Alphabet’s Google announced Google Workspace, a new name for its business tools including email and document editing, replacing the G Suite brand introduced in 2016.
The rebranding coincides with the launch of features that integrate the various services, such as the ability to have a video chat with co-workers display in a small box at the corner of a document-editing window.
The coronavirus pandemic has accelerated sales of online business tools and forced tech vendors like Google and Microsoft to refashion their offering in an effort to virtually mimic office routines, such as coffee breaks.
Google vice president Javier Soltero said the new name reflected that “work isn’t happening in a physical space that’s called an office anymore.”
The new features will be available in the coming months to consumers who do not pay for Gmail, Google Docs and the other tools.
Google said it has 2.6 billion accounts, including paid and free ones, that are active each month across those services.
The new name may help Google increase revenue and become a challenger to Microsoft, whose Office 365 applications are more popular for business use. Any growth could lift Google’s cloud business.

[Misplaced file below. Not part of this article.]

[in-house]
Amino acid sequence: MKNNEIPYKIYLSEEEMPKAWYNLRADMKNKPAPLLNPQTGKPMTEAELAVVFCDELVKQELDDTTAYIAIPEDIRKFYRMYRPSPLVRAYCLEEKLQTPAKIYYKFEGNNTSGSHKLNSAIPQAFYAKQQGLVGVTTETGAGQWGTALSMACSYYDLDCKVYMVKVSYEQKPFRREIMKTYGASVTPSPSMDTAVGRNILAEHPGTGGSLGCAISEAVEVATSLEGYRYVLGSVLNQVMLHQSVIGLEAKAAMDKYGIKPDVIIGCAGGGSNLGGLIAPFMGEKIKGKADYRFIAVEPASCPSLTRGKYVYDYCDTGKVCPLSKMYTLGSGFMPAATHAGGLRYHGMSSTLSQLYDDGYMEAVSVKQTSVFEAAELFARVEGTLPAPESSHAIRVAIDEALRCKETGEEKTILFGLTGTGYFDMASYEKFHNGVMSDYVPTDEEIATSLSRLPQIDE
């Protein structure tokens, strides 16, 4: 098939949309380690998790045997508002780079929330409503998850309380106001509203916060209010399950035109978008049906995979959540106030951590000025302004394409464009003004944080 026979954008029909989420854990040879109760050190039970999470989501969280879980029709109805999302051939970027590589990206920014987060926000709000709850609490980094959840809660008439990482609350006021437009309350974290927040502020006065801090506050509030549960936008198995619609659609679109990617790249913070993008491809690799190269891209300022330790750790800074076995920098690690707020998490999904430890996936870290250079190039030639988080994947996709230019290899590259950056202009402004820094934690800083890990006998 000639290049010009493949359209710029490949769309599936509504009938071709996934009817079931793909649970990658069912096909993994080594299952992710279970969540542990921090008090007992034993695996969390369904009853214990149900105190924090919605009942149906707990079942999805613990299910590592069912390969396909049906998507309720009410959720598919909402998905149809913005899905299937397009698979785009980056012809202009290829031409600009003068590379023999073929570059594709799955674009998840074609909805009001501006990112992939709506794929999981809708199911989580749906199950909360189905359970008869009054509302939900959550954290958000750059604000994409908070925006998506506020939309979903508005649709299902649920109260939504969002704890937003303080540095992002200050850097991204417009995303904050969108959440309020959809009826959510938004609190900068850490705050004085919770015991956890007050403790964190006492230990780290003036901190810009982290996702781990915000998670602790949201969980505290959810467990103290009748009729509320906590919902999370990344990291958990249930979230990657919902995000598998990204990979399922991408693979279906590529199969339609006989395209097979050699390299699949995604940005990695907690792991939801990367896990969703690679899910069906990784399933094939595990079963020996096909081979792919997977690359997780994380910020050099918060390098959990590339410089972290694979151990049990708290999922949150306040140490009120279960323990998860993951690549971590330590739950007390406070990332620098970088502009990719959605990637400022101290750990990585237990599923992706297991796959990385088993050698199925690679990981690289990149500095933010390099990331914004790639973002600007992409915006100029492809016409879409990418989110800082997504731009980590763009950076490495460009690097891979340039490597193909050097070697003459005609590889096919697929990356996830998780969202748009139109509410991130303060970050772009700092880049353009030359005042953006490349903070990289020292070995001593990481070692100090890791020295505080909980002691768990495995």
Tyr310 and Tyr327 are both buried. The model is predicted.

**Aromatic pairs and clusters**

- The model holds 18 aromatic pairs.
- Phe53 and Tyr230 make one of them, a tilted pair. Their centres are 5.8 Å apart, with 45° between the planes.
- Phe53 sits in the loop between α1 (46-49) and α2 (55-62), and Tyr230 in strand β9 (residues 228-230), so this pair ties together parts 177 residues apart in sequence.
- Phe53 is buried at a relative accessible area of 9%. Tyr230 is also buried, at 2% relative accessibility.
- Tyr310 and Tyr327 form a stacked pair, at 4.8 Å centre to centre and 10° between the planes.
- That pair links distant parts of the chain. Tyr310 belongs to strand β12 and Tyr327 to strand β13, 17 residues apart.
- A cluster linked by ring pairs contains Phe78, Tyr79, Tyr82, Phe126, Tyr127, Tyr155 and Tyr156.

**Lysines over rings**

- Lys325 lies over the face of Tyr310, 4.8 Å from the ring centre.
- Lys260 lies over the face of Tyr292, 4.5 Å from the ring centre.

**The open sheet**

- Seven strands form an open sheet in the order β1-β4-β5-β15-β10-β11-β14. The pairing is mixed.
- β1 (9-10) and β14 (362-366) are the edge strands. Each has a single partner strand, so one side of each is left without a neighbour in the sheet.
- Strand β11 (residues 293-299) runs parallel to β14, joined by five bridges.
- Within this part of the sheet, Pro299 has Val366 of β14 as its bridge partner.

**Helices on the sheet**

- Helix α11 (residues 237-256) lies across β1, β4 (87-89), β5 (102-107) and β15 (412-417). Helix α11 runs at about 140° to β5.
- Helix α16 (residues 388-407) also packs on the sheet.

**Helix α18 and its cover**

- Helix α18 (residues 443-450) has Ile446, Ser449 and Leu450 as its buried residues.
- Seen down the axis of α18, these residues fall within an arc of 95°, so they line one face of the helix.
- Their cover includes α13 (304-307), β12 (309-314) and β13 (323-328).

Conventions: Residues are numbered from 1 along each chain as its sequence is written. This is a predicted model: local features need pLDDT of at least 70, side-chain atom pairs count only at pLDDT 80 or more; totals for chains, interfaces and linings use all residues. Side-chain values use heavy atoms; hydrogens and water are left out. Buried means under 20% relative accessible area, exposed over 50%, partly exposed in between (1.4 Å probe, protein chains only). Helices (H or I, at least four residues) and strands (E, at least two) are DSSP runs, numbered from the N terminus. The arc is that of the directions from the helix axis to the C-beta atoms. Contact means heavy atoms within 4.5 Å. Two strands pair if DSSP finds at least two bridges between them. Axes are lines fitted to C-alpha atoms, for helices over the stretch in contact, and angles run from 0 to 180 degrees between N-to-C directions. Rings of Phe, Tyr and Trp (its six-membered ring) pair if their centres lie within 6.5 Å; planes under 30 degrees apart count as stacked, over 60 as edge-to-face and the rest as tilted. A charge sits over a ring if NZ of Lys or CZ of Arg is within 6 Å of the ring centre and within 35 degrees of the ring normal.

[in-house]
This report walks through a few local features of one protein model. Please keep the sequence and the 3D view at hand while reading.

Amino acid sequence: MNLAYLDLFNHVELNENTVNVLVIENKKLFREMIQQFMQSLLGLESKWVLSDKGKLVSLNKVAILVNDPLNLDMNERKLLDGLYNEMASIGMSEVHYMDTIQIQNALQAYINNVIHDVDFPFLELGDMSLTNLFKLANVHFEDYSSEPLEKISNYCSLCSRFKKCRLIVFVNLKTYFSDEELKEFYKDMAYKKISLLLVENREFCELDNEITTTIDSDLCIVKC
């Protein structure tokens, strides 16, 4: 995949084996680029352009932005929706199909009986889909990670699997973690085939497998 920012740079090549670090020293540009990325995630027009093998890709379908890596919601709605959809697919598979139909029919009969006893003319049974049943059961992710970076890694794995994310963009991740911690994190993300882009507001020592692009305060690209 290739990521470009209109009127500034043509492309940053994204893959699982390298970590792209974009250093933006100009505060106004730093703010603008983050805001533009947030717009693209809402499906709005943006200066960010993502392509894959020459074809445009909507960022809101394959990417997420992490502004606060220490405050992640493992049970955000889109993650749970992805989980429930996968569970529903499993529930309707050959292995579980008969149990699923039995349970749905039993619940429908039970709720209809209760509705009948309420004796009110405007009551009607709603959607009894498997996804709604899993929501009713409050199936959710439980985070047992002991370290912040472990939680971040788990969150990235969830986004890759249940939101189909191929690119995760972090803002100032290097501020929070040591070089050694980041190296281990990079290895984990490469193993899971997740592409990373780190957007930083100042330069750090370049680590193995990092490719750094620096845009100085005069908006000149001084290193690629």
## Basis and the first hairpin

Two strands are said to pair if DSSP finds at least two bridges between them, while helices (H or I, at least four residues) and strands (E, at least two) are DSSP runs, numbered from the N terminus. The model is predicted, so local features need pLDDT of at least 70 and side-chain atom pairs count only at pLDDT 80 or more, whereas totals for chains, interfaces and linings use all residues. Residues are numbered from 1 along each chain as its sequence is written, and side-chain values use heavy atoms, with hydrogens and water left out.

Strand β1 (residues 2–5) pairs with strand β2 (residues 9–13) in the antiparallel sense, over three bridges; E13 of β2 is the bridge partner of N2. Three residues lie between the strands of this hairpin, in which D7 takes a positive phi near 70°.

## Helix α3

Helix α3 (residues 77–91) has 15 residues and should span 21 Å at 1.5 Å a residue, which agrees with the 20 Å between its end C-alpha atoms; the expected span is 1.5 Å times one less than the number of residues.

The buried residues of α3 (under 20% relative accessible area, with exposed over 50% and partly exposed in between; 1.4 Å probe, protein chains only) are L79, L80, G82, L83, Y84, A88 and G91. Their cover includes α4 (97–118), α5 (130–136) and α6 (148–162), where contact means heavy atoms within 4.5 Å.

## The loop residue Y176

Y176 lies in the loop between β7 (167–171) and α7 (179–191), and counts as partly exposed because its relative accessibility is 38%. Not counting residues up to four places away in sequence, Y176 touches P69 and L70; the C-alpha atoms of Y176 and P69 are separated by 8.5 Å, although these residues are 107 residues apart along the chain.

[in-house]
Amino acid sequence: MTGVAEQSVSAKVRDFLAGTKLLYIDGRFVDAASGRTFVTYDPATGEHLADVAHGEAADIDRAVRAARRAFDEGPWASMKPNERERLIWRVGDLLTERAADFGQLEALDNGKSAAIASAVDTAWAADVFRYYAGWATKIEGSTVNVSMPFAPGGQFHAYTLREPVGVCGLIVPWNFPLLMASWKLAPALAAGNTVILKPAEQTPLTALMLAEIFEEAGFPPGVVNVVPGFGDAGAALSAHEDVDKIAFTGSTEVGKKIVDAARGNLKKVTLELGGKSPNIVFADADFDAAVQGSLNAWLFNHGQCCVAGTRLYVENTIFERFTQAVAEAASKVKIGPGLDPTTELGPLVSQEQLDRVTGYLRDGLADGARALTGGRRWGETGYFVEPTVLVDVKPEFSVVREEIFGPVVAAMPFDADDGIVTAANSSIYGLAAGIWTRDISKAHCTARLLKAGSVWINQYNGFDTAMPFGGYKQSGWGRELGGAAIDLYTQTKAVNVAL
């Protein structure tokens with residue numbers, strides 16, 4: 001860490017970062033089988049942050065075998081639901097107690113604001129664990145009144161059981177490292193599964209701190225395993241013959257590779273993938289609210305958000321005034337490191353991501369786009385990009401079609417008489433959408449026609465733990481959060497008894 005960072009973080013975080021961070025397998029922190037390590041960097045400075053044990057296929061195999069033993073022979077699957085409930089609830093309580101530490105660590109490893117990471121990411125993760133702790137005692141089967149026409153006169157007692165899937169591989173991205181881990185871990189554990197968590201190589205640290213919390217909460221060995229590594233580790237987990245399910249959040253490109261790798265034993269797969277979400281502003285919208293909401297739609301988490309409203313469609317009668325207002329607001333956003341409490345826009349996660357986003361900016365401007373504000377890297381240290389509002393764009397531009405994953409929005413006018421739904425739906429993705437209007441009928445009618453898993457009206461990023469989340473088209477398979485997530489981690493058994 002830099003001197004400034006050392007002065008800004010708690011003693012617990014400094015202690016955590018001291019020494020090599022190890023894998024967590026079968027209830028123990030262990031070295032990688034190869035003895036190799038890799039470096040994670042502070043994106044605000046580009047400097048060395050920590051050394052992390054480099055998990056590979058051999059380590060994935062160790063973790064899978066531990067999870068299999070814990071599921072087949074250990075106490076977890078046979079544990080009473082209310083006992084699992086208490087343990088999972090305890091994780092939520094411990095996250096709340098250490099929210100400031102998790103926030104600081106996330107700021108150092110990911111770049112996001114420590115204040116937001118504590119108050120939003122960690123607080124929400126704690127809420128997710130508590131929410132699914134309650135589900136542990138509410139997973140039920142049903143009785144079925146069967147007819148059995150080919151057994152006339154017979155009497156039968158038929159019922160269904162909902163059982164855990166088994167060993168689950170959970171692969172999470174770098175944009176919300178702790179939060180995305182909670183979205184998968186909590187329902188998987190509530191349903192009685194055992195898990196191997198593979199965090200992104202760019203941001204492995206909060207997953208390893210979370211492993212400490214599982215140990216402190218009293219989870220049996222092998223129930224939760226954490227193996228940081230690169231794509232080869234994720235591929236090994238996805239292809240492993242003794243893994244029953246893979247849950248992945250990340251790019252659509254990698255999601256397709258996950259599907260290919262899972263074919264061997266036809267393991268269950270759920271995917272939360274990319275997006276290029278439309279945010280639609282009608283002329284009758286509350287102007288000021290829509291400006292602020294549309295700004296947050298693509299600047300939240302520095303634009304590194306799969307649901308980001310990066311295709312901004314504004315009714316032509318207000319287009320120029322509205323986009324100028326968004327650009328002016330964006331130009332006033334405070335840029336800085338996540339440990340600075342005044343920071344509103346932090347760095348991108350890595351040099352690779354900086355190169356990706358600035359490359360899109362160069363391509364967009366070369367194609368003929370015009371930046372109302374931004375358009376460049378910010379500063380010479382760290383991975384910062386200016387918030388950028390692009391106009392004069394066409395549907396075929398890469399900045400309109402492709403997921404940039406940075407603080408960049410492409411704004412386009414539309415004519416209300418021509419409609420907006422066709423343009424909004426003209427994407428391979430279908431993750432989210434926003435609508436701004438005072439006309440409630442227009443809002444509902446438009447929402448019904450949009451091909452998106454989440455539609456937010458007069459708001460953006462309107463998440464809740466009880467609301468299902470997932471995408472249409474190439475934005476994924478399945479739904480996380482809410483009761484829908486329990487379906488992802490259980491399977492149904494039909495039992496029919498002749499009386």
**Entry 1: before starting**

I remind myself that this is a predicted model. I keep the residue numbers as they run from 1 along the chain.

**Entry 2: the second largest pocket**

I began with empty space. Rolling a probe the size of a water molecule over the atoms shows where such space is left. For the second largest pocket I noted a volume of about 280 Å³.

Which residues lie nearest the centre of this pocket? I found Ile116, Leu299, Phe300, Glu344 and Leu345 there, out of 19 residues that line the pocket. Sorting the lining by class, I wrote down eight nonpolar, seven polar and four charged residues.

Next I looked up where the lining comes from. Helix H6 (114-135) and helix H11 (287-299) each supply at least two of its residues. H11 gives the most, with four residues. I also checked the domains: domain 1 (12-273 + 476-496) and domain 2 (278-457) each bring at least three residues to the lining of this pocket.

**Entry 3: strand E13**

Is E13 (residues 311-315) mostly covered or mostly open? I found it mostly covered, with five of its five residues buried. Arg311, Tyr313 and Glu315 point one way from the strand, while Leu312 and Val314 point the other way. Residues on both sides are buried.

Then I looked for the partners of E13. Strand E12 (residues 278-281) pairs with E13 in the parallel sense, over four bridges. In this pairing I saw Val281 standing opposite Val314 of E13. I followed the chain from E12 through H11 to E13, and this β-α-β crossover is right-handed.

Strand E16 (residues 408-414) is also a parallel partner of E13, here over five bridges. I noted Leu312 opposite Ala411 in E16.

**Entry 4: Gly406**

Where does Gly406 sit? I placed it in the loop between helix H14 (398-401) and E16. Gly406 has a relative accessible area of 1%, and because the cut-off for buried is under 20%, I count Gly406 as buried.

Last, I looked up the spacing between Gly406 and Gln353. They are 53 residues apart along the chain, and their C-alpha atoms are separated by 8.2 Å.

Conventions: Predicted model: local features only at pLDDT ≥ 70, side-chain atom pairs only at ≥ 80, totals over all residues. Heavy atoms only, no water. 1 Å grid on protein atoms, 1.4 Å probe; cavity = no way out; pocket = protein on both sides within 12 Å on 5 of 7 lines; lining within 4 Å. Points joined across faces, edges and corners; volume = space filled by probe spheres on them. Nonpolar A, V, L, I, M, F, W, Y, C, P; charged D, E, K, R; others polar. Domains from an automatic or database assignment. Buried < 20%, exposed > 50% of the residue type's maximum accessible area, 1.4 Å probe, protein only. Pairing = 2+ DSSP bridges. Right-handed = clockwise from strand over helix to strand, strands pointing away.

Consumer services from Google such as Gmail and Google Drive are widely used, and the company has for years sought to replicate that success inside companies, schools and nonprofits.
But Microsoft remains dominant in the email and document authoring software market, with 87.6 percent share in 2019, according to research company Gartner. Google had 11.5 percent share, up from 10.5 percent in 2018, CNBC reported.
The Basic and Business versions of G Suite, which had cost $6 and $12 per user per month, will remain available as Business Starter and Business Standard plans for customers with 300 or fewer seats. A new Business Plus option with greater security features will cost $18 per user per month. There is also a new Essentials tier for teams and departments, which will be available for $8 per user per month. Large businesses can contact Google’s salespeople, as was the case before.
The new offerings should translate into much more value to customers, said Javier Soltero, vice president and general manager of Google Workspace.
Google previously tried branding changes to boost its business products.
In 2014, Google rebranded Google Enterprise, which encompassed many of its products for businesses, as Google for Work.
In 2016, Google’s cloud chief at the time, Diane Greene, introduced the G Suite brand to encompass Google Docs, Google Sheets and other productivity apps. Previously, those online services were known as Google Apps, a name first used in 2006. Around the same time, the company rebranded other Google for Work services as Google Cloud.